Highway projection licence
If you would like to construct or extend a building on or over the public highway you will require a licence. Please note that a highway can include roads, pavements, and verges.
The private apparatus may be temporary or permanent. Typical examples may be a private telephone cable which spans a street between buildings or a small canopy on a building. This type of licence is dealt with by us under Section 178 of the Highways Act 1980.
Large projections from buildings, like balconies, structural canopies or general building overhangs are dealt with under Section 177 of the Highways Act 1980.
Apply for a license
Before you fill in this form
There is a fee of £598 to pay when you apply for a new licence. There is no charge for a change to or surrendering a licence.
You will need:
- Payment card details, if applying for a new licence
- Plan of projection or structure
- Evidence of public liability insurance
- Approval in outline
- Building regulations approval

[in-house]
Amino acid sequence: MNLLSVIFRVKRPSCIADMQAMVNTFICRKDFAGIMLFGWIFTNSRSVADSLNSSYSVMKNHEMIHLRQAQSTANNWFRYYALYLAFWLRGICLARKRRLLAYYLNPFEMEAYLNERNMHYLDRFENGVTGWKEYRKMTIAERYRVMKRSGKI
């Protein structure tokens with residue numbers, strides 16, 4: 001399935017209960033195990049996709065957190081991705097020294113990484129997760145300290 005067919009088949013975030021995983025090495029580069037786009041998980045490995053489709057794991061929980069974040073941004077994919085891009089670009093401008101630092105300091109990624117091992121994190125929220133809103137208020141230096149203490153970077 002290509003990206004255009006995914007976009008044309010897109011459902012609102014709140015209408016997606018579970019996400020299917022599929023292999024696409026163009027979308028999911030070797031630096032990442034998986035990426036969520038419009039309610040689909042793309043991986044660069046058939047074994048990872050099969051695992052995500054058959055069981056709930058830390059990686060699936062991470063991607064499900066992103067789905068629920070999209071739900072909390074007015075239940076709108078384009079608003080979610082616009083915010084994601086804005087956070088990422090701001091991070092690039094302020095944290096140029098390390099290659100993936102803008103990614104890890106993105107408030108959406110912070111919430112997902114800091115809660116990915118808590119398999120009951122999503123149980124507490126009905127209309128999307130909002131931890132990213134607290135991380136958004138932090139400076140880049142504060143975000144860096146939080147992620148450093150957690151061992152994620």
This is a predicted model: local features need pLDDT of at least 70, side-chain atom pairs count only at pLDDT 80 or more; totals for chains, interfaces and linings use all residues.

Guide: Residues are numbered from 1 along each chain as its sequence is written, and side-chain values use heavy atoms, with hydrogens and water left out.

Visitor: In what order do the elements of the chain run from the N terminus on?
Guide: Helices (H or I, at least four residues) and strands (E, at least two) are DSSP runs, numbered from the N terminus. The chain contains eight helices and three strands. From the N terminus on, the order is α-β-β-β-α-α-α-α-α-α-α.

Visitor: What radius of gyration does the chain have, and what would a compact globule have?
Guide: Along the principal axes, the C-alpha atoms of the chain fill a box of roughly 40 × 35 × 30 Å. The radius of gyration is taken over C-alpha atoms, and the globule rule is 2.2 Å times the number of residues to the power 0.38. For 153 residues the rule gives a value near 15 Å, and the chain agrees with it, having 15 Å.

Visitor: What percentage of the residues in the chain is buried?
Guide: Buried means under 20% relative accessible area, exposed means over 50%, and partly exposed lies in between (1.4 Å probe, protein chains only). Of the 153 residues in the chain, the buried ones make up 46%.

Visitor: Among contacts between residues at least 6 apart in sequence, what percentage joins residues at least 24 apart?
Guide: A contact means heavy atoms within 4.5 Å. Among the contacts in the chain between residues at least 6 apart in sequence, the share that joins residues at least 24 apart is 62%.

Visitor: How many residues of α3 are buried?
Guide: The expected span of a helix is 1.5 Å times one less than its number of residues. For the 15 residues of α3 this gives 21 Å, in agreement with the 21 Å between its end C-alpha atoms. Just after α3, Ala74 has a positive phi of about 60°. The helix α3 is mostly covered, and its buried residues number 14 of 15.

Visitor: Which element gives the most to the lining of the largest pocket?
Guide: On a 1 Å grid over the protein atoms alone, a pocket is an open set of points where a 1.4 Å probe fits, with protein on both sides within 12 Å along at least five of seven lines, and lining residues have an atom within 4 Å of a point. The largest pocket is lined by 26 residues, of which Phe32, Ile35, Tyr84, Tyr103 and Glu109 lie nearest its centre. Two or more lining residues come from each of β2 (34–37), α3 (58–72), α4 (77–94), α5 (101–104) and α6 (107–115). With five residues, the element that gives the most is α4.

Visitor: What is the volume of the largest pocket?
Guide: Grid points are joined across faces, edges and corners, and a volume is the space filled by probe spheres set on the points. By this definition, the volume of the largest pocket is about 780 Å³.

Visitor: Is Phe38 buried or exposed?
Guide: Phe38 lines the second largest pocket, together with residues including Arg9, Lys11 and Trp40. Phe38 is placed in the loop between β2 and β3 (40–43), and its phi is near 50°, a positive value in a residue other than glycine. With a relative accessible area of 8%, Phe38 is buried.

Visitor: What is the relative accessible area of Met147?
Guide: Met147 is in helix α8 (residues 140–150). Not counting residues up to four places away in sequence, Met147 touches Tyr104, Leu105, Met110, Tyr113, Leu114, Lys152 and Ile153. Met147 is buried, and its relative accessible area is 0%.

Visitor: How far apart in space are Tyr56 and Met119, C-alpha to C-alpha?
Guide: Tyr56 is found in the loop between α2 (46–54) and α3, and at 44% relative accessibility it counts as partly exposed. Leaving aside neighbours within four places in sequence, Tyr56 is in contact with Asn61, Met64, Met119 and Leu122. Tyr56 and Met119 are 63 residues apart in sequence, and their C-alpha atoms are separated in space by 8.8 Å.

What happens next
We aim to process your application as quickly as possible. Due to the nature of this licence and third party interest we will aim to grant licences within 30 working days of the application being made, subject to:
- The application being validated to ensure that the applicant has confirmed that they are the owner of the projection and agree to the licence conditions
- The proposal being reviewed, and consideration given to alternative options, the effect on the highway and potential risk to the highway infrastructure and the public
- Evidence of third party agreements will be reviewed if applicable
- The proposed installation and construction method will be considered
Remember that tacit consent does not apply. It is in the public interest that the authority must process your application before it can be granted. If you have not heard from the local authority within a reasonable period, please contact us.
Failed application redress
Please contact traffic management in the first instance. Applicants may appeal to the West Hampshire Magistrates' Court against refusal to issue a licence or against conditions of the licence.
In the event of a complaint, the first contact is made with the trader by you - preferably in the form a letter (with proof of delivery). If that has not worked, if you are in the UK, Consumer Rights will give you advice. From outside the UK contact the UK European Consumer Centre.